In English the name "Argentina" comes from the Spanish language, however the naming itself is not Spanish, but Italian. Argentina means in Italian " of silver, silver coloured" borrowed from the Old French adjective argentine " of silver" > "silver coloured" mentioned in the 12th century. The French word argentine is the feminine form of argentin and derives from argent "silver" with the suffix -in; the Italian naming "Argentina" for the country implies Terra Argentina "land of silver" or Costa Argentina "coast of silver". In Italian, the adjective or the proper noun is used in an autonomous way as a substantive and replaces it and it is said l'Argentina; the name Argentina was first given by the Venetian and Genoese navigators, such as Giovanni Caboto. In Spanish and Portuguese, the words for "silver" are plata and prata and " of silver" is said plateado and prateado. Argentina was first associated with the silver mountains legend, widespread among the first European explorers of the La Plata Basin.
The first written use of the name in Spanish can be traced to La Argentina, a 1602 poem by Martín del Barco Centenera describing the region. Although "Argentina" was in common usage by the 18th century, the country was formally named "Viceroyalty of the Río de la Plata" by the Spanish Empire, "United Provinces of the Río de la Plata" after independence; the 1826 constitution included the first use of the name "Argentine Republic" in legal documents. The name "Argentine Confederation" was commonly used and was formalized in the Argentine Constitution of 1853. In 1860 a presidential decree settled the country's name as "Argentine Republic", that year's constitutional amendment ruled all the names since 1810 as valid. In the English language the country was traditionally called "the Argentine", mimicking the typical Spanish usage la Argentina and resulting from a mistaken shortening of the fuller name'Argentine Republic'.'The Argentine' fell out of fashion during the mid-to-late 20th century, now the country is referred to as "Argentina".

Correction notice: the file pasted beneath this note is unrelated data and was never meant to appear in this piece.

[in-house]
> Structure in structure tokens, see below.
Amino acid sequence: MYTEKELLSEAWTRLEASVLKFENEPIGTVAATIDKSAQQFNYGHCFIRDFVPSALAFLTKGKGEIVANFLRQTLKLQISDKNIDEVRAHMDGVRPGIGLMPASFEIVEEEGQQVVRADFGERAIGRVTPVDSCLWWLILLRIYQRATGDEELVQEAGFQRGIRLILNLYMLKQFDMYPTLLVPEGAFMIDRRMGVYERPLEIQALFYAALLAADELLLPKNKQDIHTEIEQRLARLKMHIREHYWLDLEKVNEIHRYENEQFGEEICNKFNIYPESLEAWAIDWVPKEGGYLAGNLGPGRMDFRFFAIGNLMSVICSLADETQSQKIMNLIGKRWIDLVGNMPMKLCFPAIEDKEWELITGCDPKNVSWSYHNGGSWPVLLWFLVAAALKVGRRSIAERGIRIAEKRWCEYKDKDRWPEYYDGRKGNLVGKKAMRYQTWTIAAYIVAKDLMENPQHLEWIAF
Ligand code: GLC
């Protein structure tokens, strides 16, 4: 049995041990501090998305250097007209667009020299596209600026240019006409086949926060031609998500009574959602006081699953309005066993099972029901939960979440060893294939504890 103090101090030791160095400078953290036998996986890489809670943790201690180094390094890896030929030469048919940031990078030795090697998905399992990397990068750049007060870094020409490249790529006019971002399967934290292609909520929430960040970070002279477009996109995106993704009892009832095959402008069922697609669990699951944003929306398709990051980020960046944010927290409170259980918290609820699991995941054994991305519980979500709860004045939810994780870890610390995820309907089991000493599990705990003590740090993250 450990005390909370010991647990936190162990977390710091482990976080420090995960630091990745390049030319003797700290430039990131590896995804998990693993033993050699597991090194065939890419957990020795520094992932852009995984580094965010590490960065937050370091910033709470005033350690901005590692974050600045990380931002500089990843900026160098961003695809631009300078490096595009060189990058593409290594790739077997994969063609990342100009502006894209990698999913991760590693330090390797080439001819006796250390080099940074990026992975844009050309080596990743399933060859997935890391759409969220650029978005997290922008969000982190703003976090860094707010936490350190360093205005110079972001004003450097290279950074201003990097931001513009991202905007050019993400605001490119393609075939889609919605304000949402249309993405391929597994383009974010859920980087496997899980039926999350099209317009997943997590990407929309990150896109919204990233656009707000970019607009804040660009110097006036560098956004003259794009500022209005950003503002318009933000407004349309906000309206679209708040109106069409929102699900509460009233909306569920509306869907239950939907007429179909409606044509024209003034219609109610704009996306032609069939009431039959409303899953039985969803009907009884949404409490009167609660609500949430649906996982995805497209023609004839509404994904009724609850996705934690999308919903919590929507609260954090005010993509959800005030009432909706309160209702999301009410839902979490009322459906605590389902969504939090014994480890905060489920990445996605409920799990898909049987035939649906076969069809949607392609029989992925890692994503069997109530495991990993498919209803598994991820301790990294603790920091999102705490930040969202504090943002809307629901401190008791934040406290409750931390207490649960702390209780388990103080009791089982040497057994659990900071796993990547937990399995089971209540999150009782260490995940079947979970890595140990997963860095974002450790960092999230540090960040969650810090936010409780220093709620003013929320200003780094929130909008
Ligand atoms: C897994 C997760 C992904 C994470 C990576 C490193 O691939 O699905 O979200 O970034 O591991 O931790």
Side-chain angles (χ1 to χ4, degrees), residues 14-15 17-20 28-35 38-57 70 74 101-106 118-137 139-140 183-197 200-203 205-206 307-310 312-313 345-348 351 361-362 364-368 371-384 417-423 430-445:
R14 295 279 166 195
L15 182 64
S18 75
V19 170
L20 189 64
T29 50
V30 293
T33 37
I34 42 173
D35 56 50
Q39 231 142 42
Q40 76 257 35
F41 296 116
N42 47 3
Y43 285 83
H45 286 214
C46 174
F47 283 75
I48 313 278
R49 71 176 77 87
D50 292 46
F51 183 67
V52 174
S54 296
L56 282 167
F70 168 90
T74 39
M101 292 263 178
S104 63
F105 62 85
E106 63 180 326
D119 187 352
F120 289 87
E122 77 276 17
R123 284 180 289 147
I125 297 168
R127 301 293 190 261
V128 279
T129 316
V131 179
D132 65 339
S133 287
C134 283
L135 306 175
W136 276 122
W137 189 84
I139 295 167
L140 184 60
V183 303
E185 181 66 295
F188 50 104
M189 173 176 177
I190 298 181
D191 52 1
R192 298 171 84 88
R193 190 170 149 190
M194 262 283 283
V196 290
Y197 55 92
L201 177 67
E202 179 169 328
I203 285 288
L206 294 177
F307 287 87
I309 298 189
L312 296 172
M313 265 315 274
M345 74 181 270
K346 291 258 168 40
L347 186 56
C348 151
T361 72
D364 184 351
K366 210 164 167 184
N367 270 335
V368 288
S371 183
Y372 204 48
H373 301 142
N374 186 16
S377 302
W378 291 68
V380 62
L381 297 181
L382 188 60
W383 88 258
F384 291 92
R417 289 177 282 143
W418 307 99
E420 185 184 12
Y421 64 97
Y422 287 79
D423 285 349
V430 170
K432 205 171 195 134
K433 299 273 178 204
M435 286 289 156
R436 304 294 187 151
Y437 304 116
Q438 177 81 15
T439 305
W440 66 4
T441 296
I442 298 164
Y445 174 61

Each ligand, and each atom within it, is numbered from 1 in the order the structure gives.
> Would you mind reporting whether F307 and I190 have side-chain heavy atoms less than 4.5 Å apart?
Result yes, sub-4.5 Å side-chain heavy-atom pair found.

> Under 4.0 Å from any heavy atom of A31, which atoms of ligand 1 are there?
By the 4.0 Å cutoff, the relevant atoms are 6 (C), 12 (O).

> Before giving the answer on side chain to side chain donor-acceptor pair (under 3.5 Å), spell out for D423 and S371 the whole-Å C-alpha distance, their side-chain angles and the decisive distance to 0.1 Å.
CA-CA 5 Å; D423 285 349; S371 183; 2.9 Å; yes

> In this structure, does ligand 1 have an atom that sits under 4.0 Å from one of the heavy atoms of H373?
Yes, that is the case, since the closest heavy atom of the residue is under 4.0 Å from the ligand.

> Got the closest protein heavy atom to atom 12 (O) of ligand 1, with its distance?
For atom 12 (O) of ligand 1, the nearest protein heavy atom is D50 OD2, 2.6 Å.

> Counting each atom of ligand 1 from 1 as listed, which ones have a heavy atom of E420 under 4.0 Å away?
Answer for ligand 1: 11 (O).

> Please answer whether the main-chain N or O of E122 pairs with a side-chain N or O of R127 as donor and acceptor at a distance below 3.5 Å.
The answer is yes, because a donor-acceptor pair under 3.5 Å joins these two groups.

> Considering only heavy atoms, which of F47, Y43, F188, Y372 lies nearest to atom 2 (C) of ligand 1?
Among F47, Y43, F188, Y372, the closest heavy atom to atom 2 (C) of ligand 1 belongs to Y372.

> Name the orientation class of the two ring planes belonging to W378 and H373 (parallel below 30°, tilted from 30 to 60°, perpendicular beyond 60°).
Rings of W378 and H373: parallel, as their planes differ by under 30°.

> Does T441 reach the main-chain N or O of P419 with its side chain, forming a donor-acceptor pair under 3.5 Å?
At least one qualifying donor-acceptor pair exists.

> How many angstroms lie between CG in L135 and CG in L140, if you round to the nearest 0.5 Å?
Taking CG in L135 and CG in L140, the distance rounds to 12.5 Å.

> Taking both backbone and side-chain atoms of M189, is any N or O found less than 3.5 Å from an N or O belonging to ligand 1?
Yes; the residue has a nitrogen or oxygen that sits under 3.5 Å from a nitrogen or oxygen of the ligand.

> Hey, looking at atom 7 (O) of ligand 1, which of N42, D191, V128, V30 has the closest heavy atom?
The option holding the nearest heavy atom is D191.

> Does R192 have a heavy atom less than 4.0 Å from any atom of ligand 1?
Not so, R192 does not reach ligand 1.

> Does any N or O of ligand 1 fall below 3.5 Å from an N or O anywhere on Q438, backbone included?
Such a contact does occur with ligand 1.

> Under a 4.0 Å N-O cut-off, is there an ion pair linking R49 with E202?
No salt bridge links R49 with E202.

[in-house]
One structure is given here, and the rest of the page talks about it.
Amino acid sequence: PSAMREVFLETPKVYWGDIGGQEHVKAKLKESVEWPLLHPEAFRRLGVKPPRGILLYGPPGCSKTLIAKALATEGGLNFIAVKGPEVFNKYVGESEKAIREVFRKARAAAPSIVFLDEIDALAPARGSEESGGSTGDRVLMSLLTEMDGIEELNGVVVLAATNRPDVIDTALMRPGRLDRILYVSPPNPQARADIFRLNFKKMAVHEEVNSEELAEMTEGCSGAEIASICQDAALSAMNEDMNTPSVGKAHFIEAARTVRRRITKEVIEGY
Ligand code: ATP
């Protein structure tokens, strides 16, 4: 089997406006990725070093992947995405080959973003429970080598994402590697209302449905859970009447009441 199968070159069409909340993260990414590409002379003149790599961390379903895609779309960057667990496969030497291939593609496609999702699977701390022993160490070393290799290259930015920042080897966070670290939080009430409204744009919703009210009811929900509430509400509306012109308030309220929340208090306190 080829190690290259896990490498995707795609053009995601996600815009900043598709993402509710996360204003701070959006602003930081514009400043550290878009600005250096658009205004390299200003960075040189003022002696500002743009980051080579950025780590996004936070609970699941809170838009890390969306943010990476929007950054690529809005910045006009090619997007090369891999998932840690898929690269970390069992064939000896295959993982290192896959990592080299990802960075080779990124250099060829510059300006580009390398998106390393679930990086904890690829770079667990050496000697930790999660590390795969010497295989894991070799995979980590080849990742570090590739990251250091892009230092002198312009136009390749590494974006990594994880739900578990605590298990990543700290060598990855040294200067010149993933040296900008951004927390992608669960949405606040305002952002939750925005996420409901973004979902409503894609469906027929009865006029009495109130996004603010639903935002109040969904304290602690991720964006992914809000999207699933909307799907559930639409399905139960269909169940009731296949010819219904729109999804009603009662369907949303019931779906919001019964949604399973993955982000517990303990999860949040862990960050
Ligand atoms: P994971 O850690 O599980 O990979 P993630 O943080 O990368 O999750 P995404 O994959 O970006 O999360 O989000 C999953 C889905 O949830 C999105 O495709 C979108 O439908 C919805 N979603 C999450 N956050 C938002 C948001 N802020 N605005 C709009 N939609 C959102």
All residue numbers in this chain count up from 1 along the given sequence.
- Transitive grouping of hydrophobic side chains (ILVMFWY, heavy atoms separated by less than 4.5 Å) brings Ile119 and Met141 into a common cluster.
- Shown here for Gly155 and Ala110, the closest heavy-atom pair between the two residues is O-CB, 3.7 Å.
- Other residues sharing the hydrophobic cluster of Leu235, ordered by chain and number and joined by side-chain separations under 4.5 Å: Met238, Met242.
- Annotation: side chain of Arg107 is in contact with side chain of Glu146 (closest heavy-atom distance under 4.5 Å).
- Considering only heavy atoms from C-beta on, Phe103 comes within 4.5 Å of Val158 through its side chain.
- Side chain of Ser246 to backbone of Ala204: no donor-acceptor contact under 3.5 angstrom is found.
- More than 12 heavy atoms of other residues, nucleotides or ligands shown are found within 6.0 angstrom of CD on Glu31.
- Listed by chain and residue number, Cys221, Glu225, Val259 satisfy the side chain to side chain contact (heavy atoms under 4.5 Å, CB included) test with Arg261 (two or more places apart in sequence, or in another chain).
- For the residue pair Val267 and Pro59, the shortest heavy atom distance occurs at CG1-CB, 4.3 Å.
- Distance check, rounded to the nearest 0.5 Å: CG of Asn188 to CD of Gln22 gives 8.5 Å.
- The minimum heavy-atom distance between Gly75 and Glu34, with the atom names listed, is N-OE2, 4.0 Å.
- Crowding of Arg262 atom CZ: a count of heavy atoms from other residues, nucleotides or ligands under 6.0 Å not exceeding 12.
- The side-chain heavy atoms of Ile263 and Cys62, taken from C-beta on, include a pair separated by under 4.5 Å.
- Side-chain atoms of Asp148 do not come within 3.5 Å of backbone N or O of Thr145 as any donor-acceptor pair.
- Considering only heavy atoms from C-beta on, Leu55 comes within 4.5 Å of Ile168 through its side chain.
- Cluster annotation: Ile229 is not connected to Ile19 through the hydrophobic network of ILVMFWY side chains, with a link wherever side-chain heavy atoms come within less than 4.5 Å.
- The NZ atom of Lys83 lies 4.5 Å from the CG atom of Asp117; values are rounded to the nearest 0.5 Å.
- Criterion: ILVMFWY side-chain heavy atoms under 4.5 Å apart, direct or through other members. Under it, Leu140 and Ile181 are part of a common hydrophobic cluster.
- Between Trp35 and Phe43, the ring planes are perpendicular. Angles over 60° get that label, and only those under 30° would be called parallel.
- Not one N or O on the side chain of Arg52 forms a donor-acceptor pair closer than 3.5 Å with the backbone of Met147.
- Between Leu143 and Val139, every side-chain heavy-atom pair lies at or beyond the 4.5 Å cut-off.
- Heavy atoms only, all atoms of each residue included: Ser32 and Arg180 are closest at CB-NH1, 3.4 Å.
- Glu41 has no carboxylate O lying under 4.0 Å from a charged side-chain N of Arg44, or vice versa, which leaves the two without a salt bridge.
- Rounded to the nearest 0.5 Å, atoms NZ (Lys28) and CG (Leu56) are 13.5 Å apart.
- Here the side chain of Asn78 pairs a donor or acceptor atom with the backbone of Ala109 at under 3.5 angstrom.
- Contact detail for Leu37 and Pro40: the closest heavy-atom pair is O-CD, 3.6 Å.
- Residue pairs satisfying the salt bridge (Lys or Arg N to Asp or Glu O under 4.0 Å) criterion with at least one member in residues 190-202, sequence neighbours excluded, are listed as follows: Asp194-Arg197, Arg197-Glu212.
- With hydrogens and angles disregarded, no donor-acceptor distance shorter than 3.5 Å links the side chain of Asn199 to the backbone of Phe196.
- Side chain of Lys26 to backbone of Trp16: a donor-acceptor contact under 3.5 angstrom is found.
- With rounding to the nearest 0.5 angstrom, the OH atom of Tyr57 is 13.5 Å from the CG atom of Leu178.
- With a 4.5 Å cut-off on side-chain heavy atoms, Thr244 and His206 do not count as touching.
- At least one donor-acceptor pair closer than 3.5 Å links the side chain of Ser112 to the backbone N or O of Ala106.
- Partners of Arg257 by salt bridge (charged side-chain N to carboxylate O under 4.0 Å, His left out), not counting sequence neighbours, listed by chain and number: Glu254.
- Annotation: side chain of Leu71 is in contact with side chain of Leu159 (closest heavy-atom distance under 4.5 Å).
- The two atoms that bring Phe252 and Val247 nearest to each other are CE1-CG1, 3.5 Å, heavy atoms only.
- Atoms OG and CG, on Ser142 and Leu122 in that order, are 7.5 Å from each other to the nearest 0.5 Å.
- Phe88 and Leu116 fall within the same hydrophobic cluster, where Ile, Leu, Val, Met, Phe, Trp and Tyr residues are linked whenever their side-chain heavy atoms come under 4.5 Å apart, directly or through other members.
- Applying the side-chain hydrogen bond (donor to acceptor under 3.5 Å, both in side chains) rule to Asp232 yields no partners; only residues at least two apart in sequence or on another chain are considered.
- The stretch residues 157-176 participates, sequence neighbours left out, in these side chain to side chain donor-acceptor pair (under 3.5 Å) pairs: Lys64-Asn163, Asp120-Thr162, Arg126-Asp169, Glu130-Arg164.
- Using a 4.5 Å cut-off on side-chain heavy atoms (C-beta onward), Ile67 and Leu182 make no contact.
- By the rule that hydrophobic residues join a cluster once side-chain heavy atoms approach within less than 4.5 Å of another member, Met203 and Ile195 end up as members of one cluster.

In the Spanish language "Argentina" is feminine, taking the feminine article "La" as the i
East Asia is the eastern subregion of Asia, defined in either geographical or ethno-cultural terms. China, Japan and Vietnam belong to the East Asian cultural sphere. Geographically and geopolitically, the region includes China, Hong Kong, Taiwan, Mongolia, North Korea, South Korea; the region was the cradle of various ancient civilizations such as ancient China, ancient Japan, ancient Korea, the Mongol Empire. East Asia was one of the cradles of world civilization, with China, an ancient East Asian civilization being one of the earliest cradles of civilization in human history. For thousands of years, China influenced East Asia as it was principally the leading civilization in the region exerting its enormous prestige and influence on its neighbors. Societies in East Asia have been part of the Chinese cultural sphere, East Asian vocabulary and scripts are derived from Classical Chinese and Chinese script; the Chinese calendar preserves traditional East Asian culture and serves as the root to which many other East Asian calendars are derived from.